I used my Joby Gorillapod and the awesome image stabilization that the XA20 has for my handheld work.  You can see just how good the IS is on the XA20 with the shots that I did a dolly move across the cave.  It almost looks like I had a slider with me.

The XA20 is really small and lightweight, though a bit bulkier and heavier than the XA10.  It was easy to carry the 5km walk to the cave, and the 5km back to where our car was parked.  Inside the cave, I never worried about losing my footing or how I would navigate different tight spots with the camera, Gorillapod and AL-160 LED light combined.  Even all put together, it was an easy & light rig to carry around and small enough to get through the tight nooks and crannies.  Even when I was jumping from ledge to ledge on the cave walls to get around, the size and weight of the XA20 never bothered me or got in the way of me being able to go where I needed to safely and easily.  I had to change hands with it a few times depending on what side of the cave I was on, and which hand I needed to grip the walls to move around, but that was it.  I could concentrate on getting my shots and keeping it dry and clean pretty easily.  The XA10 scored huge marks from me when it came to portability and the XA20 gets the same 10 out of 10 as far as I'm concerned.

I love the picture quality, even despite it's few flaws, I love the ease of use and I love that even with this slightly bigger and slightly heavier design, the XA20 is still tops when it comes to going anywhere with me!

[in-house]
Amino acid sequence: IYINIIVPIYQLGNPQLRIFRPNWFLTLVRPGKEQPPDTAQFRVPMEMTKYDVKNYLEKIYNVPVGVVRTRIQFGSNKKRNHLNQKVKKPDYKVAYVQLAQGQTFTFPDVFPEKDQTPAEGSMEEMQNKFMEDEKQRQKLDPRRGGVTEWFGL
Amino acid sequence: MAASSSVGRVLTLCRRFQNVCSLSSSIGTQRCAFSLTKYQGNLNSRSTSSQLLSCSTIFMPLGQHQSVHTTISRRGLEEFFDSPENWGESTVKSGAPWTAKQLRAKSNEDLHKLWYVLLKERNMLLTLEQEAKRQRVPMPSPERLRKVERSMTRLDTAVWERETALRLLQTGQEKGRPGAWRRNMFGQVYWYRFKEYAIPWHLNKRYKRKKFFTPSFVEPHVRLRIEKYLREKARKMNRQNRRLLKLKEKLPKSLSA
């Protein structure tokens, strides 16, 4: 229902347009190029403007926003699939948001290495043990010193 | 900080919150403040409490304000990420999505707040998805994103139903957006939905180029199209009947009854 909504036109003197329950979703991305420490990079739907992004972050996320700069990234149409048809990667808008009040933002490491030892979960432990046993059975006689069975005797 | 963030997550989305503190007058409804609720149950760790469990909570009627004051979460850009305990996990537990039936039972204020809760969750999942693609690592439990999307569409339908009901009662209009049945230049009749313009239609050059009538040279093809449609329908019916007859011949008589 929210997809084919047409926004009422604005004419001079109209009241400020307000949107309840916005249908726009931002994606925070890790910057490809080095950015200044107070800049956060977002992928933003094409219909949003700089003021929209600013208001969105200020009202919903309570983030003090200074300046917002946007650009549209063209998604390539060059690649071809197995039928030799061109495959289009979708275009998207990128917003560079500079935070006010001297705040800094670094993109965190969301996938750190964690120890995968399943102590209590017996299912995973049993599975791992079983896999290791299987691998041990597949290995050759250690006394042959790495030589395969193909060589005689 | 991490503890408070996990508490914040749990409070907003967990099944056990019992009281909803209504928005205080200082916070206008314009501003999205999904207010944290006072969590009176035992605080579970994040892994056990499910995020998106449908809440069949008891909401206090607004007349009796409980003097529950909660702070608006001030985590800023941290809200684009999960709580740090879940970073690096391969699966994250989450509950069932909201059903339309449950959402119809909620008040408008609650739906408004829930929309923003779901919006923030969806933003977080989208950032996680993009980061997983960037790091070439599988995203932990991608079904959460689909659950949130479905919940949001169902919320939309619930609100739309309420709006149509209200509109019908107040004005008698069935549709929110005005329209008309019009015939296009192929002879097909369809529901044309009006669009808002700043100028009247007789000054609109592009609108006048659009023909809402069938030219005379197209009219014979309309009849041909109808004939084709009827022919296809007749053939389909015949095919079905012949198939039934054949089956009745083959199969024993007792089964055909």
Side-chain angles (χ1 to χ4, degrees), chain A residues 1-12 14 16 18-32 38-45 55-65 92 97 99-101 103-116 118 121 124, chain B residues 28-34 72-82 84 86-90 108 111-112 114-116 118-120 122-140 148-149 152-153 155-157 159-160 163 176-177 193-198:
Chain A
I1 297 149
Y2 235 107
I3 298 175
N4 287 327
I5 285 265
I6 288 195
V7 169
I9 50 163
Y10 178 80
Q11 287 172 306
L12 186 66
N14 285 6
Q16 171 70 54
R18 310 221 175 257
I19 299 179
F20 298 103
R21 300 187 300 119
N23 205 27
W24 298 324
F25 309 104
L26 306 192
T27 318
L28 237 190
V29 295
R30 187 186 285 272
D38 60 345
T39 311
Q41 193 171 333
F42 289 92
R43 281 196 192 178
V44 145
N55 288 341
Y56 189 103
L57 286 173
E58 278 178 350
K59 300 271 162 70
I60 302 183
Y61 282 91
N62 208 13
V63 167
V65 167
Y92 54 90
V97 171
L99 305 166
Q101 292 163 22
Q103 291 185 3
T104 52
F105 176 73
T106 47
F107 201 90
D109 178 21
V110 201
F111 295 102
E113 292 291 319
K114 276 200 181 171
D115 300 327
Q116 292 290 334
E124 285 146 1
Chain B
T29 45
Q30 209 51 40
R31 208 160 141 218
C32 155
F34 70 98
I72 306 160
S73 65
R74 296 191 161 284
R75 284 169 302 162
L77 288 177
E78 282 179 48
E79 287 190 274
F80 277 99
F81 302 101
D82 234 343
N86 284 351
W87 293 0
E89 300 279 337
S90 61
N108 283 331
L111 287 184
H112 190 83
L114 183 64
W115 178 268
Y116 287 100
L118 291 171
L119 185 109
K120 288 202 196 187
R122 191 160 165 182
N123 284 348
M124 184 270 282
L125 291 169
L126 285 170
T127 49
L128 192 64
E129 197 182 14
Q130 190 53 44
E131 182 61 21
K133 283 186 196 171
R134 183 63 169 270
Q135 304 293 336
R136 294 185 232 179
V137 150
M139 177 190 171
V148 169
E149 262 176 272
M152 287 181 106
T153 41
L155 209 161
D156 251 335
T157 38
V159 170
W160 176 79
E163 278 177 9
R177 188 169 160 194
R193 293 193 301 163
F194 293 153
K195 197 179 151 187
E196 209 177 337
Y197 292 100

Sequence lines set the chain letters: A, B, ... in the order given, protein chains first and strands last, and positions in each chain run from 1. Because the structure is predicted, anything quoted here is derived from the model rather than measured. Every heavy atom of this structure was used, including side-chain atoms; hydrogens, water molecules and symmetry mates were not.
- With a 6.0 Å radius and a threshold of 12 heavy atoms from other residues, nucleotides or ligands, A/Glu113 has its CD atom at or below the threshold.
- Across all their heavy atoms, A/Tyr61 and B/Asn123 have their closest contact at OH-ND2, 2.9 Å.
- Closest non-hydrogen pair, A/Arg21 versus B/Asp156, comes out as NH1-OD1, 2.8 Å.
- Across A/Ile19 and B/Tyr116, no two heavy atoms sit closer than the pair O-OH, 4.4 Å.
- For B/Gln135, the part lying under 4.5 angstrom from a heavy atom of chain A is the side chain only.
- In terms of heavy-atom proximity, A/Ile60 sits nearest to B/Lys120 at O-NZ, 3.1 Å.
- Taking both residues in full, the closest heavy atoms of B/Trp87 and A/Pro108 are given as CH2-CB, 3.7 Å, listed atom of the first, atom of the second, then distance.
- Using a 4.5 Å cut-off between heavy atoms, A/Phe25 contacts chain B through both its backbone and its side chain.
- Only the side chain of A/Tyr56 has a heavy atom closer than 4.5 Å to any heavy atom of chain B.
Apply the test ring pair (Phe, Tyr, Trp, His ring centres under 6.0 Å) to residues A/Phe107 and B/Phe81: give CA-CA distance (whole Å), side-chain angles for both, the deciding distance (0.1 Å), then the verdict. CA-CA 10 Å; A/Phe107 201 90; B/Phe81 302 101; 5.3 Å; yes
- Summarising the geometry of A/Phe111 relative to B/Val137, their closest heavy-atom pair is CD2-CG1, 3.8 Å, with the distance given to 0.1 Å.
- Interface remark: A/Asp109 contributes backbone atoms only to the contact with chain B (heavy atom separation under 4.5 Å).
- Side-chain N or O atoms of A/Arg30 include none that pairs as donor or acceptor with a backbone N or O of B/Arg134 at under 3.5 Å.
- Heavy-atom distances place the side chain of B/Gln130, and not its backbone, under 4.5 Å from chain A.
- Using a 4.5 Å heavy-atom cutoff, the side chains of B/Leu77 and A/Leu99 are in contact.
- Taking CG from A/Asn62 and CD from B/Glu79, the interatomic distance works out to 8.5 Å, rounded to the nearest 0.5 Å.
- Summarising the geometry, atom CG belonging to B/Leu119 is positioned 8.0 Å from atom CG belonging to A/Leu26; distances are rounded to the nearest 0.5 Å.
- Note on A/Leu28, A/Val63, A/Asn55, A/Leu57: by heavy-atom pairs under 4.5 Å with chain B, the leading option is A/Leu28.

Video Portraits Part 2

I got some interest, but I'm still looking for more people interested in filming some video portraits with me this summer!

Maybe I posted some bad examples, because video portraits aren't all sexy girl videos and that's not what I'm really looking to do! I'm just looking to capture a part of the essence of you in under 2 minutes. If it makes sense to have you talk and have that as a part of it, then I'll do it. Here are a few other examples of what some video portraits look like, though I'd like to think mine would be a whole lot better! ;)

https://vimeo.com/13549828

https://vimeo.com/49236303

https://vimeo.com/86897186


Get in touch if you'd like to work with me on one this summer! Either drop me a line by replying here or sending me a private message in Google+!

Thanks! :)

Wednesday, May 28, 2014

Video Portraits

Hey everyone,

I'd like to start doing something a little different this summer with some of the videos I post online, and to do it, I need your help.  :)

If you haven't heard about video portraits, they're a really cool thing that people have been posting online in the last 10 or so years.  They're short videos that focus on somebody to show a slice of their life or to show off part of their personality.  A few good examples are: